U.S. Coast Guard Station Oregon Inlet responded to two emergency calls off of Oregon Inlet this week, which included assisting a vessel 33 miles offshore, and providing medevac services for a man suffering chest pains 12 miles offshore.
On Wednesday afternoon, U.S. Coast Guard Station Oregon Inlet received a report via VHF radio that the vessel Escape was 33 nautical miles offshore and was in need of assistance while also experiencing VHF limitations and unable to hail the station.
Upon making preparations to get underway, the reporting vessel, Skilly Gal, informed the station that a Good Samaritan vessel, Carolina Girl, had volunteered to tow the Escape closer to the inlet so that the Coast Guard could rendezvous with them and take over. Another Good Samaritan vessel in the area, Fin Planner, shared the tow with Carolina Girl, and towed the Escape until they were able to meet up with the dispatched Coast Guard crew to bring them back the rest of the way, and through the bar.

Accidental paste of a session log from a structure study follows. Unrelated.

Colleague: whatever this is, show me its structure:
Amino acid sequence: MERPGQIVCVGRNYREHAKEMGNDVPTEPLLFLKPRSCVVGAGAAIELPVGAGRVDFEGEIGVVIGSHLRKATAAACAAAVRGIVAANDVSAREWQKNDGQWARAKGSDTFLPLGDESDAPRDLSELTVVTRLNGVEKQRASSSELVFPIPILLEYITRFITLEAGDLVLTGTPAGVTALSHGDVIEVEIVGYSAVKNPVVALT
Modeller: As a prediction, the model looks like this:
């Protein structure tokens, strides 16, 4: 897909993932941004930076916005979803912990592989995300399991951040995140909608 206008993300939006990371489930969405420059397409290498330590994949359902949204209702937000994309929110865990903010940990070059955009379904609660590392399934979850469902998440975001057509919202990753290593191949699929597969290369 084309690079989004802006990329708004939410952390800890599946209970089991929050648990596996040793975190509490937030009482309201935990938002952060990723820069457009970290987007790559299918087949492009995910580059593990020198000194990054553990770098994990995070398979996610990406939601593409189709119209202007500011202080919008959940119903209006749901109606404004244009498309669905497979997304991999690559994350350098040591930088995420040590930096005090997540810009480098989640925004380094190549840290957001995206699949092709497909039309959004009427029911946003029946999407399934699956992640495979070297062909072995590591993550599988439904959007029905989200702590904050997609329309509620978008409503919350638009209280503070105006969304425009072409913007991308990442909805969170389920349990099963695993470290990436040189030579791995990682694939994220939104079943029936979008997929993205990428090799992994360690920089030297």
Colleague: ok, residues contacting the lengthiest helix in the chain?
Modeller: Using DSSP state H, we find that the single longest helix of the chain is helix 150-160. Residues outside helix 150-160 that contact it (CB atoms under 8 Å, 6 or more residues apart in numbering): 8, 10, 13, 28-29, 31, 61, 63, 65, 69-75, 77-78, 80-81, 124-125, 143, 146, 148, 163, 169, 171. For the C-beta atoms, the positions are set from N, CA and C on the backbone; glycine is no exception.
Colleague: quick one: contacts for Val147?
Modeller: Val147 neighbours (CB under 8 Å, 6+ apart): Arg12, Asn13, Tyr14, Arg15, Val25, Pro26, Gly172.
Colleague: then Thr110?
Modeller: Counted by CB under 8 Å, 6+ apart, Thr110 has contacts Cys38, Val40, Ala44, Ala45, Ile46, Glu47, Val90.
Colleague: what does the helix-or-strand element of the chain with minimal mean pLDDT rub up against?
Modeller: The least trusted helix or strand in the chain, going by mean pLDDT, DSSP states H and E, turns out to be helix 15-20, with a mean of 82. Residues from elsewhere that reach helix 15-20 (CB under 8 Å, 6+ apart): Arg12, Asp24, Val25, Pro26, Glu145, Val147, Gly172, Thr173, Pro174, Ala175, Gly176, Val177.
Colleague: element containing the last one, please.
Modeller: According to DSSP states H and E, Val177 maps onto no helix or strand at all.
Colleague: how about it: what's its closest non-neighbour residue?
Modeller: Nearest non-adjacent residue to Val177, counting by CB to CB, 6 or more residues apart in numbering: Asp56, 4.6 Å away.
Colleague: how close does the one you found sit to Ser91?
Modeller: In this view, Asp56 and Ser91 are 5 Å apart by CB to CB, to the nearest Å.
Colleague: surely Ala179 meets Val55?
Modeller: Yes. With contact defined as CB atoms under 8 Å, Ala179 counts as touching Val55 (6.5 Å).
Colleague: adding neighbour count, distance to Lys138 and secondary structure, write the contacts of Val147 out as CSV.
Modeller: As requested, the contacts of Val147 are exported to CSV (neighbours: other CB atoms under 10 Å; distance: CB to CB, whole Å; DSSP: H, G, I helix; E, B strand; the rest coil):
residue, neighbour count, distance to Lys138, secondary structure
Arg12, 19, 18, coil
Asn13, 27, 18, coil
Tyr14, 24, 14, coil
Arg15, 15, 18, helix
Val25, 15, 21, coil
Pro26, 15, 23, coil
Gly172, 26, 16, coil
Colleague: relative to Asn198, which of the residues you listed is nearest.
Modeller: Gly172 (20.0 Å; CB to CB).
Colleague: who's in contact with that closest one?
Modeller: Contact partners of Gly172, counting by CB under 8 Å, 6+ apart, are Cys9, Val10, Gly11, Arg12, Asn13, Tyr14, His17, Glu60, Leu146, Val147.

Once arriving at the fishing center, the Coast Guard crew placed them into an alongside tow and safely moored the vessel. “A big shoutout to Skilly Gal, Carolina Girl, and Fin Planner for your involvement and selfless acts! You are examples of our great boating community,” stated Station Oregon Inlet in an online statement.
On Thursday evening, U.S. Coast Guard Station Oregon Inlet medevaced a 32-year-old male reportedly suffering from chest pains 12 miles east of Oregon Inlet.
Watchstanders at Coast Guard Sector North Carolina initially received the report via VHF-FM radio, and launched a 47-foot Motor Lifeboat crew from Coast Guard Station Oregon Inlet to respond with Dare County Emergency Medical Services aboard.
Once on-scene, the crew transferred the man aboard the lifeboat and transported him to an awaiting ambulance at Coast Guard Station Oregon Inlet.
“The sea is an unforgiving place for an emergency, so be prepared for one,” said Petty Officer 1st Class Jared Stanton, a search and rescue watchstander at Coast Guard Sector North Carolina. “Always bring a working radio, wear a life jacket and tell someone where you’re going and when you’ll be back.”